Against all this, Barack Obama has had four years to hone an organization that did, after all, garner an astonishing 69 million votes four years ago, plus has had the significant advantage of the most slavishly and hypocritically unprofessional “establishment media” this nation has ever seen. Those twin assets have been enough to keep him close — but they aren’t enough to overcome the remaining good sense of an American public where just enough people still have a wisely inculcated value system that rejects the weakness, failures, and leftist claptrap that animates Obama’s worldview.
With super-storm Sandy having interrupted Romney’s momentum last week, however, I found myself as late as Thursday night convinced that the former governor and turnaround specialist would barely squeak through in a 269-269 electoral vote tie, lifted by a 27-state majority in the U.S. House, and with West Virginia’s Joe Manchin breaking with fellow Democrats to cast the deciding Senate vote making Paul Ryan vice president. Significant civic unrest would have marred the transition, but it would have faded out in time for the inauguration due to the innate decency and common sense of the American people.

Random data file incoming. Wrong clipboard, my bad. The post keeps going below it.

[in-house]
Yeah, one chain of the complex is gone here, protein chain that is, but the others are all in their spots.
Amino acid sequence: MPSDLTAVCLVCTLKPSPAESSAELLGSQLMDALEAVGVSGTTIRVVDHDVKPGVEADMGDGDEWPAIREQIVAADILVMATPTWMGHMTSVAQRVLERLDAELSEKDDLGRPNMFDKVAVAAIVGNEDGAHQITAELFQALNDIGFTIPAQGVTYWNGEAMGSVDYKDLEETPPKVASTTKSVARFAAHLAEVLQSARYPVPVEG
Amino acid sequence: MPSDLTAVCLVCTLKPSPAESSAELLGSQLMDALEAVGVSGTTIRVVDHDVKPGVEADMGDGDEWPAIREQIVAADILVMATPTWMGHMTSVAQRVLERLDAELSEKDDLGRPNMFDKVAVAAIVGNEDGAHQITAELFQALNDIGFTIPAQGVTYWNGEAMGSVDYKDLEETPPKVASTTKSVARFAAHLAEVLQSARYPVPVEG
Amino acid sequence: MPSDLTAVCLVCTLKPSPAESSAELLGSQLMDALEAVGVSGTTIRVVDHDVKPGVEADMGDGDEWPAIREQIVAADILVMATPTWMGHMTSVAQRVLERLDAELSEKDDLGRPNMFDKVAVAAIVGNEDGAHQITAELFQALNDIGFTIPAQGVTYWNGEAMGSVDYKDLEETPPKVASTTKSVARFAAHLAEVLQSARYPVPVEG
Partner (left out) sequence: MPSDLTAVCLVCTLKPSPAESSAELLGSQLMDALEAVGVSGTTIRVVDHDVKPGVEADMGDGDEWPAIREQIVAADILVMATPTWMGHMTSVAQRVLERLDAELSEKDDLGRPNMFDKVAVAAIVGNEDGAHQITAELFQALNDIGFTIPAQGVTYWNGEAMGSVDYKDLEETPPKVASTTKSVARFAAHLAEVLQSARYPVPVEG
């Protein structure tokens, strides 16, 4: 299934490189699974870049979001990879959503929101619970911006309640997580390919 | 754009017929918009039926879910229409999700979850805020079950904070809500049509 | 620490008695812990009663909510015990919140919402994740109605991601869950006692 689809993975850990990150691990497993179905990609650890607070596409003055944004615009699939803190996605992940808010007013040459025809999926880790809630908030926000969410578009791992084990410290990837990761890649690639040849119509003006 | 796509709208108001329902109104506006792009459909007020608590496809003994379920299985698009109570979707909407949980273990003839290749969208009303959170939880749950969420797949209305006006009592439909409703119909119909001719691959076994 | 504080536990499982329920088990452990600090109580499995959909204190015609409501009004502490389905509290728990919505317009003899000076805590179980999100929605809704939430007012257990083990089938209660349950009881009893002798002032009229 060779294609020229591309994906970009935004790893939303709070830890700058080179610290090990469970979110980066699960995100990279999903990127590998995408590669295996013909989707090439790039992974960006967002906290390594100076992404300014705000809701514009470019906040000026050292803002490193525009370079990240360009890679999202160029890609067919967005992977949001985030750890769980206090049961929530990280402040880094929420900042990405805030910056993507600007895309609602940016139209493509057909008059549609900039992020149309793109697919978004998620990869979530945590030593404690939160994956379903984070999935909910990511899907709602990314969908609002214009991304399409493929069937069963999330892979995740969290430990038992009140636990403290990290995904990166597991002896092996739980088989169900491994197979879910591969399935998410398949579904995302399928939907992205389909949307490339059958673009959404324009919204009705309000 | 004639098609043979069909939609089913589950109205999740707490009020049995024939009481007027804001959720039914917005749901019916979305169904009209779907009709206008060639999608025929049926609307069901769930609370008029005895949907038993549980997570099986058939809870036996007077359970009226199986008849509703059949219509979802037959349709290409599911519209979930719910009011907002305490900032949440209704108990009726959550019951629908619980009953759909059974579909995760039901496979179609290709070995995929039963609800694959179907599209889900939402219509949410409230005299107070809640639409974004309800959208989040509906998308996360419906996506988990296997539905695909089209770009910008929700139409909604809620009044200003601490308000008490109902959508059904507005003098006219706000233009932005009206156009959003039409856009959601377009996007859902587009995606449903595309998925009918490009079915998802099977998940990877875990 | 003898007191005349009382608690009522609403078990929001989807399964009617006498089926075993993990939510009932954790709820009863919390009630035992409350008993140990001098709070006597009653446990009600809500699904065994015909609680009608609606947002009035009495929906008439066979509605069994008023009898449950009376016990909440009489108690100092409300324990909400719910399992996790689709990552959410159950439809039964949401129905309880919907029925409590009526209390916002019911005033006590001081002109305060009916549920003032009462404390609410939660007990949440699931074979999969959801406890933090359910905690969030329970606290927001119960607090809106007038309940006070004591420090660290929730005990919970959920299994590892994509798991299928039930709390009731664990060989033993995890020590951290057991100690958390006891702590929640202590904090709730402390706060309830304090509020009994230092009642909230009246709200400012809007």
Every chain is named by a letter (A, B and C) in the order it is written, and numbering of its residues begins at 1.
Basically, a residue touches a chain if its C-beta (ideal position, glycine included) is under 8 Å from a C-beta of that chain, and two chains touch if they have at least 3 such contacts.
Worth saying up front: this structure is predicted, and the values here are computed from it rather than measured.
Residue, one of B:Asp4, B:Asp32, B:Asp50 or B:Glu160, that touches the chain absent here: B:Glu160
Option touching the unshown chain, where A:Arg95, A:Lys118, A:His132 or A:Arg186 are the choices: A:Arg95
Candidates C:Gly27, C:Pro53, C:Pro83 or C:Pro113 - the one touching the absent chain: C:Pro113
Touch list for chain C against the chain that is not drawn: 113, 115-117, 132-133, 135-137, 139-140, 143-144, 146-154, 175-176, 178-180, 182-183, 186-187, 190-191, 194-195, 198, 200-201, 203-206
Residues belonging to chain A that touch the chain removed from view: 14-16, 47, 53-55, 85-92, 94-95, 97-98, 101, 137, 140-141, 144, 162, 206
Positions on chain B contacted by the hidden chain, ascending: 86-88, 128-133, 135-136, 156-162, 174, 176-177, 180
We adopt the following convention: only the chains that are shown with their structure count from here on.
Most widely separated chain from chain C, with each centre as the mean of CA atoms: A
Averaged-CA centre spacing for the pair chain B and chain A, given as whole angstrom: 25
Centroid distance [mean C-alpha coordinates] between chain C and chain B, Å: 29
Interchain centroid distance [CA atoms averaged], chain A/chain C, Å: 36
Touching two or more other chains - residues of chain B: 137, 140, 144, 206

Thank goodness we probably won’t be relegated to such a scenario. Barack Obama has lost his magic, and his troops are a bit enervated. Mitt Romney, on the other hand, has made up for a campaign-long spate of forgettable TV ads with a stretch-run personal performance worthy of the office he seeks. His stump speech has been sharper, his demeanor uplifting, his personal decency on display, and his deep love of these United States abundantly clear. And his running mate, Paul Ryan, has demonstrated knowledge, competence, can-do optimism and, yes, compassion, throughout an impressive first run on a national ticket.
For all those reasons, conservatives and independents who want a new and promising direction for the country they love can join Ryan in saying, yes, indeed, “we can do this. We can do this. We… can do this, now.”